SAN FRANCISCO (KRON) — Health officials are warning travel-antsy Americans to think twice before visiting certain places that could be COVID-19 hotspots.
This includes a popular weekend destination in the west, Las Vegas.
“The biggest hotspot for bringing COVID home to Kaua’i? Las Vegas,” said Mayor Derek Kawakami of Kaua’i County, Hawaii.
The state’s Lt. Gov. Josh Green, who is also a physician, said people heading to ‘sin city’ are taking a huge risk: “You will very likely catch COVID if you go to Las Vegas.”
The White House considers Las Vegas to be a “sustained hot spot,” which is defined as a community that has “had a high sustained case burden and may be higher risk for experiencing healthcare resource limitations.”
In the last seven days, the Southern Nevada Health District reports that Las Vegas had 3,179 confirmed COVID-19 cases – that’s just the people who actually got tested.
On July 22, the district said Clark County – where Las Vegas is located – has had a total of 148 breakthrough hospitalizations and 26 breakthrough deaths. “Breakthrough” means people who were vaccinated and still were positive for COVID-19.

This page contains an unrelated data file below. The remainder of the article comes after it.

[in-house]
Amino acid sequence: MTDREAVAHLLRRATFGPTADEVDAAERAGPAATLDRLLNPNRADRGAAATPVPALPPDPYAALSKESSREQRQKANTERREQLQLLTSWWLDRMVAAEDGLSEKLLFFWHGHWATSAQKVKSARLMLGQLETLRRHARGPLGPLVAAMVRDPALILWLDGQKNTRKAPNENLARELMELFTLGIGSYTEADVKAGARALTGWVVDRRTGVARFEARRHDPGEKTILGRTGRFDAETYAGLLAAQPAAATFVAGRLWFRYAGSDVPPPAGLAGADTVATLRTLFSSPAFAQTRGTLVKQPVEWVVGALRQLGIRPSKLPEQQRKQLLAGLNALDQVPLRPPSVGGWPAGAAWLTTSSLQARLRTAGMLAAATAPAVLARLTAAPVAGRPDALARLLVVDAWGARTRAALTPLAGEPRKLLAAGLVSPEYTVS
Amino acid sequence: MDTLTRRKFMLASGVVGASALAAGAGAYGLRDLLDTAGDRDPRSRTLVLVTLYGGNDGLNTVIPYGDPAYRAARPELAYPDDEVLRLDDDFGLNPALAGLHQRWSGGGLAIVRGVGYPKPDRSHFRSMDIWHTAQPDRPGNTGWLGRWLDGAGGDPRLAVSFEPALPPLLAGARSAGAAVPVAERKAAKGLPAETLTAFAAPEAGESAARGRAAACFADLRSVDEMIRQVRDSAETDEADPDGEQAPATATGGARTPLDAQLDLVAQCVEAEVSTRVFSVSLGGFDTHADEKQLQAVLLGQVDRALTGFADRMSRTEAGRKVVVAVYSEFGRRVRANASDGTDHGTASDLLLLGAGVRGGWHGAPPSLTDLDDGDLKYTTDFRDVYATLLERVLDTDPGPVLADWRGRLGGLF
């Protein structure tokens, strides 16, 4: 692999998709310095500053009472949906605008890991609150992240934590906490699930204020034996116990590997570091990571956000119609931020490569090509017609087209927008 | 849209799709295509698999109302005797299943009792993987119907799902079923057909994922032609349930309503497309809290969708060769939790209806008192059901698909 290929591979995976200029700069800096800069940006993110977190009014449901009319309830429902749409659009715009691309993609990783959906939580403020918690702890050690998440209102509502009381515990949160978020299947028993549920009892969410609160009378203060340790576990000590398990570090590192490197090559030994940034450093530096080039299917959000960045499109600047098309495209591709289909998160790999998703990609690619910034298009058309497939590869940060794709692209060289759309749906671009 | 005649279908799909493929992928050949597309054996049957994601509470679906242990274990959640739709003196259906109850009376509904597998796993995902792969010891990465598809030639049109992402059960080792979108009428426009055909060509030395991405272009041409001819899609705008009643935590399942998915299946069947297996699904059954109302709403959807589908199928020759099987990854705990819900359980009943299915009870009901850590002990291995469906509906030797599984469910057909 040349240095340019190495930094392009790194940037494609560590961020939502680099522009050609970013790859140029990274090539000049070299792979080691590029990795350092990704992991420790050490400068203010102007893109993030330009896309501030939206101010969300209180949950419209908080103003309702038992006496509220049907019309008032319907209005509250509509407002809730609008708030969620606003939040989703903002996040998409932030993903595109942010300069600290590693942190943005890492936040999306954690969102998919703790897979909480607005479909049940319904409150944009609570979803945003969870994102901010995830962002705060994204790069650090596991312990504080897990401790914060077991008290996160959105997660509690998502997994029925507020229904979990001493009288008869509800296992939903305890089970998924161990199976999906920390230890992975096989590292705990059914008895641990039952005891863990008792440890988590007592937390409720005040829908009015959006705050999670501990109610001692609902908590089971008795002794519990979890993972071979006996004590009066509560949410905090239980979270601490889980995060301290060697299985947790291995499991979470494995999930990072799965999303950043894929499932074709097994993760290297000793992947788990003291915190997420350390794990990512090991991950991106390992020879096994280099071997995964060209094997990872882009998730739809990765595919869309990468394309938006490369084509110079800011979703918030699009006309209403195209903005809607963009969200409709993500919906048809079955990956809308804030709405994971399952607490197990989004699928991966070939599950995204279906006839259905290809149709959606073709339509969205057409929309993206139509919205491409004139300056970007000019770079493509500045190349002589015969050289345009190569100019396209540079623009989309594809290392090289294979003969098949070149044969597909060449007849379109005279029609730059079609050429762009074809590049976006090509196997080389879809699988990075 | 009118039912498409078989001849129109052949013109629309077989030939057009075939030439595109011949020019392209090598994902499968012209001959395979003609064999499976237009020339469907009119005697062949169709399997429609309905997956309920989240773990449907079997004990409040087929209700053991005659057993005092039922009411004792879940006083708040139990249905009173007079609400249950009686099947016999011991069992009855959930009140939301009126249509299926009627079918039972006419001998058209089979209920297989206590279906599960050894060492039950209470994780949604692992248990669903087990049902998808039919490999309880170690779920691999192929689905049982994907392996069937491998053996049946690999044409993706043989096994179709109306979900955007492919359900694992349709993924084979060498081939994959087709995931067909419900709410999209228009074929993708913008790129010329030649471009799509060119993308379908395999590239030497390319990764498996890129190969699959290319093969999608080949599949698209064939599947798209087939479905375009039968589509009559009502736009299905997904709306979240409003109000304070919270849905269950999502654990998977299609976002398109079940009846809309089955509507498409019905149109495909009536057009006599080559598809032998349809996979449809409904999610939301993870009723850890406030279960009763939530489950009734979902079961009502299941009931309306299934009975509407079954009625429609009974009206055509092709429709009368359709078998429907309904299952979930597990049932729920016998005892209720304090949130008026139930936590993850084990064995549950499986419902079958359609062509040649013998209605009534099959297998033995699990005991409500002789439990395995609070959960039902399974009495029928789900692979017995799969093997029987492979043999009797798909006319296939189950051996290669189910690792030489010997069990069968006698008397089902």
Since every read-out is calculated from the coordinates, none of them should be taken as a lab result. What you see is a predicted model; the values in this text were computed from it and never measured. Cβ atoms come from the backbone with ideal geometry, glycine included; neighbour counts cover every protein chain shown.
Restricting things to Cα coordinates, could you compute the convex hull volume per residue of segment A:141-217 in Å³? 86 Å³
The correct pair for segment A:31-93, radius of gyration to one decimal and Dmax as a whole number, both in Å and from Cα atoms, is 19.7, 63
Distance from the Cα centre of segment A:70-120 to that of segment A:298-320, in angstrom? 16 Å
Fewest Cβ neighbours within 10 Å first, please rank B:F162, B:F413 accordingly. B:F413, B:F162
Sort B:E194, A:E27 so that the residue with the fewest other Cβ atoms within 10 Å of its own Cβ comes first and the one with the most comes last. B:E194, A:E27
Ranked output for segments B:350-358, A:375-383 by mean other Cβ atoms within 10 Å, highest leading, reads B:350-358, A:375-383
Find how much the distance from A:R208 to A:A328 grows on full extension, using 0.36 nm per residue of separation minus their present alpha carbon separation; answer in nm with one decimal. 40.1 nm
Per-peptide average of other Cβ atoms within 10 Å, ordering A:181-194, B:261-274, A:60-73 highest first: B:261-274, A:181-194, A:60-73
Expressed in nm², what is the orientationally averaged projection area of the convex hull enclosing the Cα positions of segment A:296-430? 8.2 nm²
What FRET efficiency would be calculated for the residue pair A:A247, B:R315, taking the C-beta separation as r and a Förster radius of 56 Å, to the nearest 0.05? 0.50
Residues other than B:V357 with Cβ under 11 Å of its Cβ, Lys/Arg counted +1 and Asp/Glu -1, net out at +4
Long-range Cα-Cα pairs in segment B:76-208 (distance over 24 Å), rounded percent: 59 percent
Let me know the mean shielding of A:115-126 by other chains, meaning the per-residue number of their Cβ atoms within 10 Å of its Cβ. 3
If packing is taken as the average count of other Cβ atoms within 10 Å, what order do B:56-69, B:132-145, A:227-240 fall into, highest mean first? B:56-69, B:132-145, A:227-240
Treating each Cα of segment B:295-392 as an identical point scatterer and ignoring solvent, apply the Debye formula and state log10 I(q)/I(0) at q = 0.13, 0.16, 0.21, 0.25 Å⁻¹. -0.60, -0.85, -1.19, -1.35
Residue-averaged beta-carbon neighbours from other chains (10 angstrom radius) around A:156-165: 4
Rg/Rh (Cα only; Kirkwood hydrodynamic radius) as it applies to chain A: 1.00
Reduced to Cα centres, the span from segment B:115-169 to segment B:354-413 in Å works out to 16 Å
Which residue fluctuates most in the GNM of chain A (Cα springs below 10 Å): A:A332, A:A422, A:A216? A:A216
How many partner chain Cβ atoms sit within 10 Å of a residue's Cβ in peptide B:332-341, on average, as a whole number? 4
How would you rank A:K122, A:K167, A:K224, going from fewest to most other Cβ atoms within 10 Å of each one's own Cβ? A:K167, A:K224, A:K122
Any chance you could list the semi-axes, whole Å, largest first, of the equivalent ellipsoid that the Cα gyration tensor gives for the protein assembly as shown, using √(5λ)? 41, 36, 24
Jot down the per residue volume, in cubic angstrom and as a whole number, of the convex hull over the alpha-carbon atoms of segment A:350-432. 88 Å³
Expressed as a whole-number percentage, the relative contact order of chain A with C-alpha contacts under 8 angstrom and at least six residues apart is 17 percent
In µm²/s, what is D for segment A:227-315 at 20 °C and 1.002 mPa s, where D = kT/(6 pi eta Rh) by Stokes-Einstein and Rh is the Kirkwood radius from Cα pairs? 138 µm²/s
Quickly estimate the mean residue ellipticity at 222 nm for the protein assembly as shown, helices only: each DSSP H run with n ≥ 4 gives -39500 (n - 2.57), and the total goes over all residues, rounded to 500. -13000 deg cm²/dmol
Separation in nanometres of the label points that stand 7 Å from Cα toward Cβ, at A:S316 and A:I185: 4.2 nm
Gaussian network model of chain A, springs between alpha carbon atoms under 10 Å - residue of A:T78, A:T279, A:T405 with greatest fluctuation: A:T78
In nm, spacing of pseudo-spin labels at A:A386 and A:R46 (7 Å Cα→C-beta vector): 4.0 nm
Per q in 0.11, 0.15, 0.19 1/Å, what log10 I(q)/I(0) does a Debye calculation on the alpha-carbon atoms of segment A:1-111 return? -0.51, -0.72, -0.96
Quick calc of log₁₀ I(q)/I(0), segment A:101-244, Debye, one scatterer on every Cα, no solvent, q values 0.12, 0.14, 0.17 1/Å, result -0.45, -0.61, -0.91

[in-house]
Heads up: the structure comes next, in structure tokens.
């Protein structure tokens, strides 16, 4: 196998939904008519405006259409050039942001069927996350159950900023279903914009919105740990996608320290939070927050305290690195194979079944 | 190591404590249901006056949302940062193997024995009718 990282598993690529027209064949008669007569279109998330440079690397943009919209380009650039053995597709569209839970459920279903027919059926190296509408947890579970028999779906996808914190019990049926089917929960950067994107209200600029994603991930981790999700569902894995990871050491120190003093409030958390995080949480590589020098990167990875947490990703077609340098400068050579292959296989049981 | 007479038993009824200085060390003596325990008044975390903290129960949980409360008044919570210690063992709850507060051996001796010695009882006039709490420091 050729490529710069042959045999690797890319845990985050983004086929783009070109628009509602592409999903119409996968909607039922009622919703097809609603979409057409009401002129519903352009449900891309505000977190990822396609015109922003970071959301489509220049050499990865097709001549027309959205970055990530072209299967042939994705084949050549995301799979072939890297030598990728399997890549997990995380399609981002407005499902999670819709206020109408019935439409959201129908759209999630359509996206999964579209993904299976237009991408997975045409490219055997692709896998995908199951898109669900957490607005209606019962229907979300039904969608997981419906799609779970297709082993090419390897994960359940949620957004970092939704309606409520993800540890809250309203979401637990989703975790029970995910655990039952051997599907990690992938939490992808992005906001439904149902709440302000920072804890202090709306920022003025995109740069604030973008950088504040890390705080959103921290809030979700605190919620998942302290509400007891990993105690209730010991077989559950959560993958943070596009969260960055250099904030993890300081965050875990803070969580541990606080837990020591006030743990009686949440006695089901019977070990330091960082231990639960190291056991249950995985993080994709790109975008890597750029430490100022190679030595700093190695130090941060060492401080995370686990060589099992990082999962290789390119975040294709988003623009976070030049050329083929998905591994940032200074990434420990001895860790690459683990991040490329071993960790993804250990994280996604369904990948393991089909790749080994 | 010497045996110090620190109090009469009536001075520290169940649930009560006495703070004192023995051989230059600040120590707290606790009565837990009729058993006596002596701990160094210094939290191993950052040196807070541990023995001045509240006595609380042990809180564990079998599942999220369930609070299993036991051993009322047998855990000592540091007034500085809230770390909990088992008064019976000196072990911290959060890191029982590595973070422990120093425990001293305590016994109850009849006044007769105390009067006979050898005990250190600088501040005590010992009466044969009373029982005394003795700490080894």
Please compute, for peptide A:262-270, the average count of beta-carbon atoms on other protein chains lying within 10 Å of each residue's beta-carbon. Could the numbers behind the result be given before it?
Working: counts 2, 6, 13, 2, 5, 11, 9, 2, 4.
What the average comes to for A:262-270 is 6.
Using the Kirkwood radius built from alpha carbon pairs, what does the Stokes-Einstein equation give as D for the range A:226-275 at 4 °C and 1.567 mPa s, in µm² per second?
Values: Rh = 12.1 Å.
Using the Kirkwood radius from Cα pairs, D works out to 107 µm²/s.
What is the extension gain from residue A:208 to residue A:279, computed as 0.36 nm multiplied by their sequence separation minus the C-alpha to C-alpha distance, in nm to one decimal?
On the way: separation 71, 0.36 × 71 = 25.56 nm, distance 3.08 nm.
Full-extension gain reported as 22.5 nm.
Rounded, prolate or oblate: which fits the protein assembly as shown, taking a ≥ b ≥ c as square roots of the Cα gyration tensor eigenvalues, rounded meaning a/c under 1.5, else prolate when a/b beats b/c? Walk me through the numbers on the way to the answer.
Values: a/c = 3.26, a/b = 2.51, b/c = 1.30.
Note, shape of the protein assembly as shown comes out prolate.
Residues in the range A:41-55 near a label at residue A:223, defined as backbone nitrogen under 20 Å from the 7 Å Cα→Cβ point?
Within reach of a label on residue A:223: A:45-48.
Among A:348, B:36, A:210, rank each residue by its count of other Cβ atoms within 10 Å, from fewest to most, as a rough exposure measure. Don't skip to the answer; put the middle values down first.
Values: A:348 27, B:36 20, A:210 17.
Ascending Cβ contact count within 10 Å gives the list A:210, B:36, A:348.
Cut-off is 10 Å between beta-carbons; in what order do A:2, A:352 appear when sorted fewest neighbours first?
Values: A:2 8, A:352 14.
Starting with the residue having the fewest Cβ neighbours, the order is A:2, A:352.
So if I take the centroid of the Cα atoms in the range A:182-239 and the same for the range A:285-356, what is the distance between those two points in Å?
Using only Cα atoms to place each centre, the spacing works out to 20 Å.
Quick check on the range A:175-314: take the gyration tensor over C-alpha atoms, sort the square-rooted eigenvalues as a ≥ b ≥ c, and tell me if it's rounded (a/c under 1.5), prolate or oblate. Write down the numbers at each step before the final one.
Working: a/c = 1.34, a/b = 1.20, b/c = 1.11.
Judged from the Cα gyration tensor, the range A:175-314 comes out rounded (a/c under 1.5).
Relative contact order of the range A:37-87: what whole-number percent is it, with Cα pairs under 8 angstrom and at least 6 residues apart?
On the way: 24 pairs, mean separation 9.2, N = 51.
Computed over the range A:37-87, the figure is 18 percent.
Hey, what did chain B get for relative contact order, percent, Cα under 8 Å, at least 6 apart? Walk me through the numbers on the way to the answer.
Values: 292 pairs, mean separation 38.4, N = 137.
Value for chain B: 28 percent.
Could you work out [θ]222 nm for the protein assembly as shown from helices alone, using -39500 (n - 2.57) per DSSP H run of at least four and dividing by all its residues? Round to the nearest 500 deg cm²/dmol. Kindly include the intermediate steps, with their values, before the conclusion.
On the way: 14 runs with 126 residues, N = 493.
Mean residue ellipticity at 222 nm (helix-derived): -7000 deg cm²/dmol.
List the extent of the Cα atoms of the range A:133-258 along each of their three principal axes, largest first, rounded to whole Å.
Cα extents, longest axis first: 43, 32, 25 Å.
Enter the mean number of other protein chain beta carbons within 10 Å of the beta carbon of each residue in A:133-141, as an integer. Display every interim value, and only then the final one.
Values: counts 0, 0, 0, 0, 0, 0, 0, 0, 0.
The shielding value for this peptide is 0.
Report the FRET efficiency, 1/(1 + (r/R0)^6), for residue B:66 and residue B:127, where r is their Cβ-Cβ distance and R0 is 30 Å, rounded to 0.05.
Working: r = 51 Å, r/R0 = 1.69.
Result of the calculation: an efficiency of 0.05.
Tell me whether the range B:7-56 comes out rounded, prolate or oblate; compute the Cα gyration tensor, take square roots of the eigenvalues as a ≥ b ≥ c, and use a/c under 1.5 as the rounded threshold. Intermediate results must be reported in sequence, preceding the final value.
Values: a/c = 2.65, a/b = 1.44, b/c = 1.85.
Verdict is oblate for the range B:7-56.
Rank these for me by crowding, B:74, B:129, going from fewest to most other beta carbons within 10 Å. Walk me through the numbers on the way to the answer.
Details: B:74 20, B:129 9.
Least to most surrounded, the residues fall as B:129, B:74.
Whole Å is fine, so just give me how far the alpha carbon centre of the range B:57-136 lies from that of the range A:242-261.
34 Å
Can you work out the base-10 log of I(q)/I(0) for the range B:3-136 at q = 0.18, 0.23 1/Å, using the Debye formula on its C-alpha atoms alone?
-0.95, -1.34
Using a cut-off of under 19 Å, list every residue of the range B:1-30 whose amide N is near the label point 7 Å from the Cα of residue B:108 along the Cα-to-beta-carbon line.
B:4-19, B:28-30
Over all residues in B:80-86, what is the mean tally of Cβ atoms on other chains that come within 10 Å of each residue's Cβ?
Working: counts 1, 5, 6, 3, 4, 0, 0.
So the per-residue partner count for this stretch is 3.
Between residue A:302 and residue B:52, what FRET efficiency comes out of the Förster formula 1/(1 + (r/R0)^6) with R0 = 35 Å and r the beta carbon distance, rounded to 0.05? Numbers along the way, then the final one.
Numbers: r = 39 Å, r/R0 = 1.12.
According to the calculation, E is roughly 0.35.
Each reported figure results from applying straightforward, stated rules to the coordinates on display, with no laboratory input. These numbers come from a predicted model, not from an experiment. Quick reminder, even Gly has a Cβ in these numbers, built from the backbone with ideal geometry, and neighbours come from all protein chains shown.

The city’s case rate is also vastly higher than in Henderson, the Nevada township with the second-highest number of new cases in the last seven days, at 613.
According to a Las Vegas report released on July 21, positive cases in the city have been steadily rising since about June 6.
KRON4’s Will Tran spoke to travelers at San Francisco International Airport for their thoughts on the risk of waking up in Vegas.
“If they’re vaccinated then they can do whatever they want. And if they’re not and they get COVID, that’s on them,” Brian Loehr said.
Another traveler was more cautious: “If you’re not vaccinated, you shouldn’t go. And if you’re vaccinated maybe you shouldn’t go either given how little we know about it. It’s a risk I’m not willing to take,” said Ruth Marinshaw.
The Southern Nevada Health District has recommended that everyone, regardless of vaccination status, should wear a face mask “in crowded indoor public places where they may have contact with others who are not fully vaccinated.”
KRON4’s sister station, KLAS, contributed to this report.